There is also the approach of simply declaring something to be a human right and repeating it over and over again, until most people accept it as a truth. This is how Senator Bernie Sanders from Vermont has made healthcare into a right, not a privilege. At every opportunity and with his distinctive Brooklyn accent, he simply says, “Healthcare is a right, not a privilege.” The more you think about it, the more sense it makes. Why should someone who is wealthy have better healthcare than someone who is poor? We’re all human, aren’t we, so shouldn’t all of us have access to good healthcare, or at least some basic level of treatment?
In the United States, this idea has made a lot of progress, and as Bernie himself says, his ideas were once radical, but have now become mainstream. Whether you agree with Senator Sanders or not, you have to admit that his approach has worked.
Experiencing the Overview Effect as a Human Right
Since the mid-1980s, I have been conducting research into the experience of astronauts when they view the Earth from space and in space, from Low Earth Orbit or on lunar missions. (4) My colleagues and I have suggested that the experience results in a profound shift in worldview, one in which the astronaut clearly sees the extent to which the Earth is a unified whole, a system where everything is interconnected. They often say the experience convinces them that “we’re all in this together.”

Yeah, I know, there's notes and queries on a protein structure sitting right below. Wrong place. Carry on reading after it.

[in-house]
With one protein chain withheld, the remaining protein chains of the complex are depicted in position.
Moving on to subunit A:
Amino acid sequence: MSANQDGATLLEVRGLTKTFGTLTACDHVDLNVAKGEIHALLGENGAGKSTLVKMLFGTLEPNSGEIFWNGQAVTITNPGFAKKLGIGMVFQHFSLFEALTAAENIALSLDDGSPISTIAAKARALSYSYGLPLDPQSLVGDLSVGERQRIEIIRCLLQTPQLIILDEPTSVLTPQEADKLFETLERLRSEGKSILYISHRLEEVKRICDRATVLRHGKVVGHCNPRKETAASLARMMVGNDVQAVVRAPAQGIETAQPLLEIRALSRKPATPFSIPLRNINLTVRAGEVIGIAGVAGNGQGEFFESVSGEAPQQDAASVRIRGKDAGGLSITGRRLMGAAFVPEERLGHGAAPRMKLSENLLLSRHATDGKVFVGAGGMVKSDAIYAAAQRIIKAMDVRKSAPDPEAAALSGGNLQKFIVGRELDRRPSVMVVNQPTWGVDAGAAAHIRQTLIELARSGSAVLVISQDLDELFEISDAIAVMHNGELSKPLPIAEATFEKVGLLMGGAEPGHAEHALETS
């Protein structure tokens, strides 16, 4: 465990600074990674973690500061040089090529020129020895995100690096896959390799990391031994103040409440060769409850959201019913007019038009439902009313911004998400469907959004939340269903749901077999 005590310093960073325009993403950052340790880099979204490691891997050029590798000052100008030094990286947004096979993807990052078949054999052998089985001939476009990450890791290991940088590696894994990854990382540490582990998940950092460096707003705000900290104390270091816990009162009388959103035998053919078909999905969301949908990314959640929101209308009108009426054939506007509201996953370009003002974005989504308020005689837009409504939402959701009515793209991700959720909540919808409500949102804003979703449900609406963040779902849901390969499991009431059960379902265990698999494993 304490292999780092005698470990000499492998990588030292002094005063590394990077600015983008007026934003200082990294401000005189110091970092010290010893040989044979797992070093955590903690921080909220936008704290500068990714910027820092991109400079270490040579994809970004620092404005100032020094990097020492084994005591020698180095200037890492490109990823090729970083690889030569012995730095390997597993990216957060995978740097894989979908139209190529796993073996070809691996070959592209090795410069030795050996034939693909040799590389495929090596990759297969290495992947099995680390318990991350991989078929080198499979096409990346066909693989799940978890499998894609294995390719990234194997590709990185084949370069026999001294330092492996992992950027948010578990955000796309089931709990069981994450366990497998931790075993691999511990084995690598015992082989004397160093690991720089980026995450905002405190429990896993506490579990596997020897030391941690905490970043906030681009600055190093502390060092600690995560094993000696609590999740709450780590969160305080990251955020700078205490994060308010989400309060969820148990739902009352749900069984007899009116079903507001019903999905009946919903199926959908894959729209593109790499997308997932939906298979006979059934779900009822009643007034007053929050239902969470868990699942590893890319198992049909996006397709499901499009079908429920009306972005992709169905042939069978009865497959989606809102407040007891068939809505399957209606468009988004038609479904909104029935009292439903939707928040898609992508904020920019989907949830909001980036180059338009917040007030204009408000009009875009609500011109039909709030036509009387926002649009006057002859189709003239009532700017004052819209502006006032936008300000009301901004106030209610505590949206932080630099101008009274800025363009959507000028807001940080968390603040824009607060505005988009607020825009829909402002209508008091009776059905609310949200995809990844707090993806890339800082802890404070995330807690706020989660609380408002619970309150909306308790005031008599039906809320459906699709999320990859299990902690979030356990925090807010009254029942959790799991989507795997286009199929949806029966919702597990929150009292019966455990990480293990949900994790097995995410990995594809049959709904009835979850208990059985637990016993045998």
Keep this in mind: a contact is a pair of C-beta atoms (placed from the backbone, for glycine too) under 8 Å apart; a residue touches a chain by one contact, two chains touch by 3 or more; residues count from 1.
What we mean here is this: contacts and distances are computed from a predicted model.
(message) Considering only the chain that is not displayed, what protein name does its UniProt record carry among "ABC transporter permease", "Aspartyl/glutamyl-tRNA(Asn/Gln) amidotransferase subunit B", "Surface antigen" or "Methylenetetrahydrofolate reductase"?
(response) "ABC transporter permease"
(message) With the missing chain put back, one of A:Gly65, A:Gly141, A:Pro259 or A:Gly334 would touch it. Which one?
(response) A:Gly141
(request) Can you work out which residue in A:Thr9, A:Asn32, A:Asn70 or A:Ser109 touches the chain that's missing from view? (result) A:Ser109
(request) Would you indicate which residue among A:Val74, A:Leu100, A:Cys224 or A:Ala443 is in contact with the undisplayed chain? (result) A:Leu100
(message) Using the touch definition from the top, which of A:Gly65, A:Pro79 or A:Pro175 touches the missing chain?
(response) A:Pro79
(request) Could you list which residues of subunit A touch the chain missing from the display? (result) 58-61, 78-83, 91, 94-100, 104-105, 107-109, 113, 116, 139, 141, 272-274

I have come to believe that it is a human right for everyone to experience the Overview Effect, either by going on a suborbital hop, into orbit, or through a virtual reality experience, because it reveals to us the truth of who we are and where we are in the universe. I can simply say it, like Bernie Sanders, or I can offer some reasons why we should think of it this way. I can also argue that adopting this attitude will help human society to evolve.
The truth is that the Earth is in space, it has always been in space, and it will always be in space. To use a popular metaphor of our times, we are the astronauts of Spaceship Earth and we are constantly exploring space as the Earth moves through the universe at an unbelievably high rate of speed. However, although we know that we are on a planet and this planet is in motion, our senses tell us that the Earth is a stable platform with the heavens revolving about us. We experience the world as our ancestors did, 100, 1,000, even 10,000 years ago.
We are like the people described in Plato’s Republic, who live in a cave in which there is a great fire. They stare at shadows reflected on the wall by the fire and take those images for reality. When one of them leaves the cave and goes out to the “real world,” they can’t understand what he is talking about on his return.
Is it any wonder that we are destroying our spaceship and making it almost uninhabitable? Is it so puzzling that we kill one another over borders and boundaries that cannot even be seen from orbit or the Moon? Is it really a surprise that we cannot work together, even to save ourselves from catastrophe?